The 3D buildings are represented as solids with semantic surfaces in a CityJSON file. We ensure that the geometries are valid according to the international standard ISO19107  (Ledoux, 2018) so that the files can be further processed by other software. Some software indeed expect input geometries to be free of geometric errors such as duplicated vertices, self-intersections, missing faces, etc. (Attene et al., 2013).

3.4 Open source implementation

Our methodology solely relies on open source tools and software, and we used Python as the main programming language. In addition, we used GRASS GIS along with the GRASS Python Scripting Library to implement the method of Gobbi et al. (2019) and digitalise the historical maps (Step 1). To generalise the building footprints, we used the implementation of Commandeur (2012) (Step 1). Blender was also used for reconstructing the 3D buildings (Step 3). More particularly, we used BlenderGIS for handling geospatial data in BlenderFootnote 2, BCGA for 3D procedural modellingFootnote 3 and Up3date for creating valid CityJSON filesFootnote 4. Lastly, we used the software val3dity (Ledoux et al., 2019) to validate the geometries (Step 3).

4 Experiments with Delft and Brussels

We implemented our methodology for two different European cities, Delft and Brussels, and for different epochs in order to reconstruct dynamic historical 3D city models. We reconstructed 3D city models of Delft in 1880, 1915, 1961 and 1982, and of Brussels in 1700, 1890 and 1924. We report on the results of these experiments in the following sections.

4.1 Real-world historical datasets used as input

Historical maps are the primary input of the methodology. In this study, we used historical maps of Delft coming from the Kadaster collectionFootnote 5 and from the TU Delft LibraryFootnote 6. We also used historical maps of Brussels coming from Gallica, the national digital library of FranceFootnote 7. Fig. 11 shows examples of historical maps that we used in this study. It represents the city of Delft in 1961 and Brussels in 1924.

Fig. 11
figure 11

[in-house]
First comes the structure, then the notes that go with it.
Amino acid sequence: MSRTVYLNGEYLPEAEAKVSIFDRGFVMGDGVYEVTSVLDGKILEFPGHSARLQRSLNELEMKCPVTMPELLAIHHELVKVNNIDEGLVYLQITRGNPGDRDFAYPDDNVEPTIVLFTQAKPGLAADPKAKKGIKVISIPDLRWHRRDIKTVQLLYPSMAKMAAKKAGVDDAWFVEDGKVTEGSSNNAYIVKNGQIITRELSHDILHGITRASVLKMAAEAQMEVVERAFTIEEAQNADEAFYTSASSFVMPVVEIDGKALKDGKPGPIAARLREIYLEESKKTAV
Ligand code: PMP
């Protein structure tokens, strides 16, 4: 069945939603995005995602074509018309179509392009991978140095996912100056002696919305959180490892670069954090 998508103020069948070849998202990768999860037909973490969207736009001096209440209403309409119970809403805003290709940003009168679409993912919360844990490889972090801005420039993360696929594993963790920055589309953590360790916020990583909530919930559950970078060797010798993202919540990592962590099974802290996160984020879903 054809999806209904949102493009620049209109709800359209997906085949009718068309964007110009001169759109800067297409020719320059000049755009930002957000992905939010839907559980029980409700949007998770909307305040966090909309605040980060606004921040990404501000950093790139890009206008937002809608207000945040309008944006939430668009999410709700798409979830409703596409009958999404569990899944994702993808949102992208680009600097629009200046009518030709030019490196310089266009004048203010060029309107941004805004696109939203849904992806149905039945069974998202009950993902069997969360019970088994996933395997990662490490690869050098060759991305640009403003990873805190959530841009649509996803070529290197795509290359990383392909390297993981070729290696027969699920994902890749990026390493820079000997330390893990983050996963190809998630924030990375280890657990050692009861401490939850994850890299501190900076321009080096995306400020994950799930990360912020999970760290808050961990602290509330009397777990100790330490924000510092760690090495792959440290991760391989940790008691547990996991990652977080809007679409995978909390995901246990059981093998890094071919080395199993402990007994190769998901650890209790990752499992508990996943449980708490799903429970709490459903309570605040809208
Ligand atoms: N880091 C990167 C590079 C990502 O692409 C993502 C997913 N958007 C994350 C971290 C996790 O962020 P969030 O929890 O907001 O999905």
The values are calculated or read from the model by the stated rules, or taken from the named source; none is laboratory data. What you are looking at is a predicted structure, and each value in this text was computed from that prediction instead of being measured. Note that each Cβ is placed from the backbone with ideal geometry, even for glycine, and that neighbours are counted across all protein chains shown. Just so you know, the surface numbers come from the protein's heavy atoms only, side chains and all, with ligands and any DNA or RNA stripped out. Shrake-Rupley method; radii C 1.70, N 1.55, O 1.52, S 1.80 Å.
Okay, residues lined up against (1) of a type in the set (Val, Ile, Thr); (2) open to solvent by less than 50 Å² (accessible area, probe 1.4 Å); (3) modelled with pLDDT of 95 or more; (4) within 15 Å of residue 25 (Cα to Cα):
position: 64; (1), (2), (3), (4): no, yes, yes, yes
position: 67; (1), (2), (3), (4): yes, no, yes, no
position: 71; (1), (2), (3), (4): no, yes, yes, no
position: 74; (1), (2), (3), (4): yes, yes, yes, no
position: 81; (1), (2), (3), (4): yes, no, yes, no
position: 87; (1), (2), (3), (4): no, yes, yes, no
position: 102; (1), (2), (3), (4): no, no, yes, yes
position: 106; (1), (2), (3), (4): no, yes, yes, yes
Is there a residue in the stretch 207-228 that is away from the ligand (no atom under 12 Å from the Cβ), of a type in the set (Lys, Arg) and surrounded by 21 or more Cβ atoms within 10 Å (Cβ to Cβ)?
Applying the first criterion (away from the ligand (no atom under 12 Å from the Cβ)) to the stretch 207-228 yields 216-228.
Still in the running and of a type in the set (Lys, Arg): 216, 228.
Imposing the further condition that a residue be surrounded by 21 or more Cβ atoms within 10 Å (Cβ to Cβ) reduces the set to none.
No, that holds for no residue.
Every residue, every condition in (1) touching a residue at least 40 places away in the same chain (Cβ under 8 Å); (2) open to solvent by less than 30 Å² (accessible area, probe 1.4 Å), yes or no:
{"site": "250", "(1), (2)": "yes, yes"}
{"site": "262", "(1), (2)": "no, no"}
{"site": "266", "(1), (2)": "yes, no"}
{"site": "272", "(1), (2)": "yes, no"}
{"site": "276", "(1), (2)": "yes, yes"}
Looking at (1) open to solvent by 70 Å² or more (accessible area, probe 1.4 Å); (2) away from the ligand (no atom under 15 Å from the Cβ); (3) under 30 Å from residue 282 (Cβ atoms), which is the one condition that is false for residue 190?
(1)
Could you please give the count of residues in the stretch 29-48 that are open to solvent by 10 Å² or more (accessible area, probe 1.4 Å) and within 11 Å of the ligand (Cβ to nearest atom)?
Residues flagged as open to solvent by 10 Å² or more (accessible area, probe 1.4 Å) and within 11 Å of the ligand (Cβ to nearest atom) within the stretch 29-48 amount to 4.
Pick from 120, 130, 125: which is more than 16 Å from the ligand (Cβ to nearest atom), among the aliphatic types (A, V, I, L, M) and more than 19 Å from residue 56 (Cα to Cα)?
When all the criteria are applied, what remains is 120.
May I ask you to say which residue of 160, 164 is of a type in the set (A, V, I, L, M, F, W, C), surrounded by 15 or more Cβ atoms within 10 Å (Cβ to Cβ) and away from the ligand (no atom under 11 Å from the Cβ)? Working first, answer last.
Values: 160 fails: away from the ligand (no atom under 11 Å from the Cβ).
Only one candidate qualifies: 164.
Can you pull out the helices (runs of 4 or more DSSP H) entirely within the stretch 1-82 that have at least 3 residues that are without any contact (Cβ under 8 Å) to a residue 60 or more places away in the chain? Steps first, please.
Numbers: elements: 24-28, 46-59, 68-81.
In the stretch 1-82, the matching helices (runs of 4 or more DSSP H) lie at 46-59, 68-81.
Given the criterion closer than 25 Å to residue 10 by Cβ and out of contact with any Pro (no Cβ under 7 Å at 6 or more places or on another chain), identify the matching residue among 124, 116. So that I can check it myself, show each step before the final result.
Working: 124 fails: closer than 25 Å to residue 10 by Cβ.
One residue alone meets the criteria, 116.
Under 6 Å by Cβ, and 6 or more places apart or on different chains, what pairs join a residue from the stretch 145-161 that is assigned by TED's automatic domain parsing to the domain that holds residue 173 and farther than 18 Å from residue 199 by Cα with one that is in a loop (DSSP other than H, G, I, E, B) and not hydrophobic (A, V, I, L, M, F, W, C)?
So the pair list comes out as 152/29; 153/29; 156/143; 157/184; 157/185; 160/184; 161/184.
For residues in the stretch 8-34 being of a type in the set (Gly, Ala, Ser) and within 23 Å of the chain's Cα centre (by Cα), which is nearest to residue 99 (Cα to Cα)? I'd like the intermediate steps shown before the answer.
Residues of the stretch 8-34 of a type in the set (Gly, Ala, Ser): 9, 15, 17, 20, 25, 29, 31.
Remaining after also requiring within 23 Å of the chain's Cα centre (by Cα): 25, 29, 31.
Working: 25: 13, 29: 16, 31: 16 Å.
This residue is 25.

Historical maps of Delft and Brussels

If available, building footprint datasets enriched with the roof height and the year of construction of the buildings can be used to implement the map alignment (Step 2). For Delft, we used the Basisregistratie Adressen en Gebouwen (BAG) (in Dutch), which is a register containing the location information and several attributes about all buildings in the Netherlands. We also used the 3D BAGFootnote 8 to recover 3D building models of remaining historic buildings identified by the map alignment. All 10 million buildings in the Netherlands have been automatically reconstructed, with roof structures and dormers, with the algorithm described in Peter et al. (2022). Such datasets were not available for Brussels, and we therefore did not use the map alignment.

3D point cloud datasets are needed for inferring the ground height of the building footprints. We used for Delft the Actueel Hoogtebestand Nederland 3 (AHN3)Footnote 9 (in Dutch). This dataset contains accurate elevation data for the Netherlands in the form of 3D points classified into different categories (e.g. ground, buildings, water, etc.). These points were acquired using LiDAR technology (Mallet & Bretar, 2009), which measures the distance to an object by sending a laser pulse and measuring the reflected signal. For Brussels, we generated a 3D point cloud by sampling the centre of the pixels of a gridded digital elevation model (DEM)Footnote 10, which was the only elevation dataset available for the area.

4.2 Step 1: Building plot extraction

The performance of the building plot extraction was assessed using the F-score metric, which measures both the precision and the recall (Sun et al., 2020). The precision represents the percentage of features classified as building plots and that are indeed building plots in the ground truth, while the recall is the percentage of ground truth building plots which were properly classified. For four out of the seven historical maps that we used in this study, the F-score was superior at 85%, which translates to high precision and recall values. For the other historical maps, our methodology was less effective, reaching F-score values around 70% and lower. Differences in F-score values are explained by two main factors: the quality of the scanning process and the cartography rules of the historical maps. This point is further discussed in Sec. 5.

As for the accuracy of the extraction of the shape of the building plots, the average difference between turning functions was comprised between 0.90 and 1.37 for all historical maps, while the average shape similarity (Samal et al., 2004) was above 95% for all maps except for one where it reached 90%. These values indicate that both the contours and the angles of the building plots were preserved during the extraction process and that their orientation and size were also properly extracted from the historical maps.

4.3 Step 2: Individual building footprint generation